In this video, Robbie explains why the moment of transaction is the starting line, not the finish line. Learn the difference between the funnel, the chute, and the hourglass. Build a lean funnel that maximizes marketing spend.
- You're probably familiar with the idea…of a sales and marketing funnel.…Traditionally, your funnel starts at the top…with your total available market.…From there, your first objective is awareness.…You want them to know that you and your products exist.…Then, there's trial,…you gave them a taste of the value you provide…to wet their appetite so they'll actually complete…a transaction with you and buy whatever it is…you're trying to sell.…In transactional businesses,…that moment of purchase is the finish line.…Hooray, you sold something,…now forget about that customer and go back to the top…of the funnel and find some more prospects…and start the whole thing over.…
But in the membership economy,…that transaction is only the starting line.…More important than acquiring new customers…is keeping them.…And to optimize retention and minimize churn,…you have to start at the bottom of a funnel.…The first thing you need to do is to make sure…you have what jargonists call product/market fit.…This means that you need to make sure…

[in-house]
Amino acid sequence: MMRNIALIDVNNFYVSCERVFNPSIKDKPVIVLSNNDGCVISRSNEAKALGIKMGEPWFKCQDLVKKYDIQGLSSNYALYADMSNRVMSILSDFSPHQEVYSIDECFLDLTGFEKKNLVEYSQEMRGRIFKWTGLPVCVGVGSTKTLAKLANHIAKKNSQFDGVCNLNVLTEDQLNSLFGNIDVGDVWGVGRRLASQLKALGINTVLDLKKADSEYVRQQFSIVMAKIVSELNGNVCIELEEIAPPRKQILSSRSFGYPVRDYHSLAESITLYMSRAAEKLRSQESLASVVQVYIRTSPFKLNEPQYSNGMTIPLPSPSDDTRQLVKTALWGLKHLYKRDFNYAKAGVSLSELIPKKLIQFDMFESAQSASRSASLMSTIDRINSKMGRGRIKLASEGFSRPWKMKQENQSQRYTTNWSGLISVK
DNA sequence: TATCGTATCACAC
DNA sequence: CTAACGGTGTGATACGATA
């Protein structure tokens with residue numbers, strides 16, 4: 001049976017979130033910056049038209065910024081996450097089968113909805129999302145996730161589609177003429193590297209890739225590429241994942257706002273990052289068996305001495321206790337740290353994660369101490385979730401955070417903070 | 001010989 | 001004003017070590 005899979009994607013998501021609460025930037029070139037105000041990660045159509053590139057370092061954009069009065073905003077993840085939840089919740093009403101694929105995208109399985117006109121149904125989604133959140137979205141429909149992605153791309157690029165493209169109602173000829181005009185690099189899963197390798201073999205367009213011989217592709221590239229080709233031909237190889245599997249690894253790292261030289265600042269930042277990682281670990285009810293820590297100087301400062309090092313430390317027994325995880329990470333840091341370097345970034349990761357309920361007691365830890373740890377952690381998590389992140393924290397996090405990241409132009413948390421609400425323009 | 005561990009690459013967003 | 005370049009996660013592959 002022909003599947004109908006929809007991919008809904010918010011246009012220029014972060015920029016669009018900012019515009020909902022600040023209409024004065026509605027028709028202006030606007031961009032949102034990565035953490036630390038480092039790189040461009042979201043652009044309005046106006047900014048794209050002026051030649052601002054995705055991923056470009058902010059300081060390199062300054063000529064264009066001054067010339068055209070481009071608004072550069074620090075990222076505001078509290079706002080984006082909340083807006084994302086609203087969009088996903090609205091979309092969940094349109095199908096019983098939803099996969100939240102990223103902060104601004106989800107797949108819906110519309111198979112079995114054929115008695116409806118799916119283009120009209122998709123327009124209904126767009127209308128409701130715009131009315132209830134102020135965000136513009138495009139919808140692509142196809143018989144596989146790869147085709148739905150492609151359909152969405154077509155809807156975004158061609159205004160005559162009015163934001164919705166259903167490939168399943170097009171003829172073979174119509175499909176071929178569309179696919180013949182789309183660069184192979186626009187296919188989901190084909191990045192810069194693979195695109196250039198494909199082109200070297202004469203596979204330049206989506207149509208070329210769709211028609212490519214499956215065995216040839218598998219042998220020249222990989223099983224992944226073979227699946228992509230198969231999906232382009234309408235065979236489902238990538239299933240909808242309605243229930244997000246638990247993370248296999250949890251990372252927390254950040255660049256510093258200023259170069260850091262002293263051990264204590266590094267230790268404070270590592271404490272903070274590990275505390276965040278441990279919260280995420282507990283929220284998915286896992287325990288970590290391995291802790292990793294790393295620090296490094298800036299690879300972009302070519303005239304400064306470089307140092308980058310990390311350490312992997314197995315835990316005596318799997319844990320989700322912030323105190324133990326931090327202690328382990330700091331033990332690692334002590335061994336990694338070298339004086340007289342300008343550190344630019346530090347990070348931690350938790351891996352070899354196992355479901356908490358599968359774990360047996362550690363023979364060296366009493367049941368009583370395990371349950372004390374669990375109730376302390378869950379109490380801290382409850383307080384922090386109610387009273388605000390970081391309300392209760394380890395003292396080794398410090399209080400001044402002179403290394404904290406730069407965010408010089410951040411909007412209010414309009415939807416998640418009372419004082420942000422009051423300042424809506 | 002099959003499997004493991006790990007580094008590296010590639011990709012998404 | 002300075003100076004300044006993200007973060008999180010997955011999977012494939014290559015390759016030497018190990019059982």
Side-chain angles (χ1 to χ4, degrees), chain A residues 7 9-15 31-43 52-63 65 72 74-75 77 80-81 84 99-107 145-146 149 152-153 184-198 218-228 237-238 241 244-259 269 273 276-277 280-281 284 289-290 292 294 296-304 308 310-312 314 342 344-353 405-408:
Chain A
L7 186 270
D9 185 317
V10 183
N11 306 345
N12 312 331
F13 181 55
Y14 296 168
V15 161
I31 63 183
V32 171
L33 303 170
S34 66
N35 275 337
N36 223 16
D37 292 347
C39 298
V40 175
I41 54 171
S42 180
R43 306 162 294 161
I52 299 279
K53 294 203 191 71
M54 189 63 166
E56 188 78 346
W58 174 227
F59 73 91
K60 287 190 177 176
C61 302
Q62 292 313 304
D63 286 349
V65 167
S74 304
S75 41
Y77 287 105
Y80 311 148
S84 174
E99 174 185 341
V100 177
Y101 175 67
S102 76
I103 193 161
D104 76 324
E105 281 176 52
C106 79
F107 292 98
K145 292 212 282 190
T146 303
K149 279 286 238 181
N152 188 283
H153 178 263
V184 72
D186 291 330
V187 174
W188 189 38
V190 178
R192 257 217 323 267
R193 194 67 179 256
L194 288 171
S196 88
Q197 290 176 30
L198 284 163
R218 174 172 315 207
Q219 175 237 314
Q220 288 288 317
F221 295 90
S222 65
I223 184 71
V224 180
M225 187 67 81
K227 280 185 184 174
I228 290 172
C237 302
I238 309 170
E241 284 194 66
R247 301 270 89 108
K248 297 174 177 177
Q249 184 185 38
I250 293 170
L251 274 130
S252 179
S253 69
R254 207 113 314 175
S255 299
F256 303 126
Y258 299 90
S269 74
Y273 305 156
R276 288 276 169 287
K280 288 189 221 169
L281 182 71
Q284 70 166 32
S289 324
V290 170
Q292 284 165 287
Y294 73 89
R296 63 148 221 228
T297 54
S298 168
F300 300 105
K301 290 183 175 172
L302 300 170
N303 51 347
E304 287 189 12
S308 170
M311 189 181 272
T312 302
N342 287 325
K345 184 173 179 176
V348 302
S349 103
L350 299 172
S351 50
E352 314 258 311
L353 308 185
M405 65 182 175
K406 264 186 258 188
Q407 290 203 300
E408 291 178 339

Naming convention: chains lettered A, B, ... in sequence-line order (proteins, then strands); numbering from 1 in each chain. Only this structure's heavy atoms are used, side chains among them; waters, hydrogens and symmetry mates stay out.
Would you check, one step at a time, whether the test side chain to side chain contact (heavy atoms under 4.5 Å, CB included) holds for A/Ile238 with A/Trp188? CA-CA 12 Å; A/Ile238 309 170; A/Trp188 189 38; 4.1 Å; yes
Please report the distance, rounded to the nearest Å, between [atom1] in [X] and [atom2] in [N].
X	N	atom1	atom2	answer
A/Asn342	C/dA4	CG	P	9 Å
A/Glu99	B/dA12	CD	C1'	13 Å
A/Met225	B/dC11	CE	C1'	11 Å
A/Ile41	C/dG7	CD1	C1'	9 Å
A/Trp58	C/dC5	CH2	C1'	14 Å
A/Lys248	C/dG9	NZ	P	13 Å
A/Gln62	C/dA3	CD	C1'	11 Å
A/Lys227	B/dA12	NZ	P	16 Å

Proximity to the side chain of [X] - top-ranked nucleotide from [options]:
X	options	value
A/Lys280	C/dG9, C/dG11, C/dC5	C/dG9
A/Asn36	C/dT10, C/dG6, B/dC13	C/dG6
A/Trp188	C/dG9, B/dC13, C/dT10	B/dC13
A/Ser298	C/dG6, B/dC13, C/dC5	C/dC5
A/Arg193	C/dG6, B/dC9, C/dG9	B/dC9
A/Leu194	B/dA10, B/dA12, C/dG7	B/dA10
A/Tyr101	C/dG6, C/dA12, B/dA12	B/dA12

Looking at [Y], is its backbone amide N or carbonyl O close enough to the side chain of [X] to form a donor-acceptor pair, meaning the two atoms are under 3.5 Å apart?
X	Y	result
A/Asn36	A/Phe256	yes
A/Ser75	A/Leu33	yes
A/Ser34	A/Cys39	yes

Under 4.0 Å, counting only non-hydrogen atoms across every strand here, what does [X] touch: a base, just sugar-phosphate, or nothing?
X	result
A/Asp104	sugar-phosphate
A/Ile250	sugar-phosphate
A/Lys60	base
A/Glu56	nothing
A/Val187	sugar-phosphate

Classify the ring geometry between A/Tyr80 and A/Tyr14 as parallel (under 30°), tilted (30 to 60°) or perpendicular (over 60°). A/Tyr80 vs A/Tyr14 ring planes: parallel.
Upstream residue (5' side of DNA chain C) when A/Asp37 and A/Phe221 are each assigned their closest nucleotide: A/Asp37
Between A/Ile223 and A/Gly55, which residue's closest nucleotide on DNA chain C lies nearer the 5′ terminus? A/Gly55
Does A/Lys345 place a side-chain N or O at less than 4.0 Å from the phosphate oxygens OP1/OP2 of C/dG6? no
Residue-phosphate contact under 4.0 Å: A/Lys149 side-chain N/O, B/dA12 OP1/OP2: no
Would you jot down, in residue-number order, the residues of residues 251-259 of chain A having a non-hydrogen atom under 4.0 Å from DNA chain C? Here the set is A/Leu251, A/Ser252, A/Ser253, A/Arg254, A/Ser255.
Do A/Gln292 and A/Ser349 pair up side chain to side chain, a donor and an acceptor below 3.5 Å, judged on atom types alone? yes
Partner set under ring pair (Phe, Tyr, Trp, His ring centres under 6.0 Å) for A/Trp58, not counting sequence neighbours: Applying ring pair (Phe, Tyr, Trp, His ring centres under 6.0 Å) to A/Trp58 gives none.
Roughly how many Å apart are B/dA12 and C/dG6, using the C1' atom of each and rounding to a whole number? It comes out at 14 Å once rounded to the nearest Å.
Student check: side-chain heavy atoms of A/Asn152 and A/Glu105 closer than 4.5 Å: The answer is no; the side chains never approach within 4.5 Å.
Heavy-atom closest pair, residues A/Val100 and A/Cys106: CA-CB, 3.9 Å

In this course, Robbie Kellman Baxter—author of The Membership Economy: Find Your Super Users, Master the Forever Transaction, and Build Recurring Revenue—goes into the types of skills required in a membership economy company, why onboarding matters so much in long-term customer relationships, and how to optimize the experience for loyalty. She also outlines pricing for value in the membership economy, when free makes sense, how technology can extend the infrastructure of trust, and best practices for customer success and retention.
- Building the forever transaction, the right organization, and an effective acquisition funnel
- Onboarding members for success
- Starting simple with pricing
- Leaving room in pricing for flexibility
- Using the right technology
- Tracking the right data
- Knowing when to retain members
- Transitioning from idea to going concern
- Recovering from a pricing mistake
- Understanding the difference between loyalty and inertia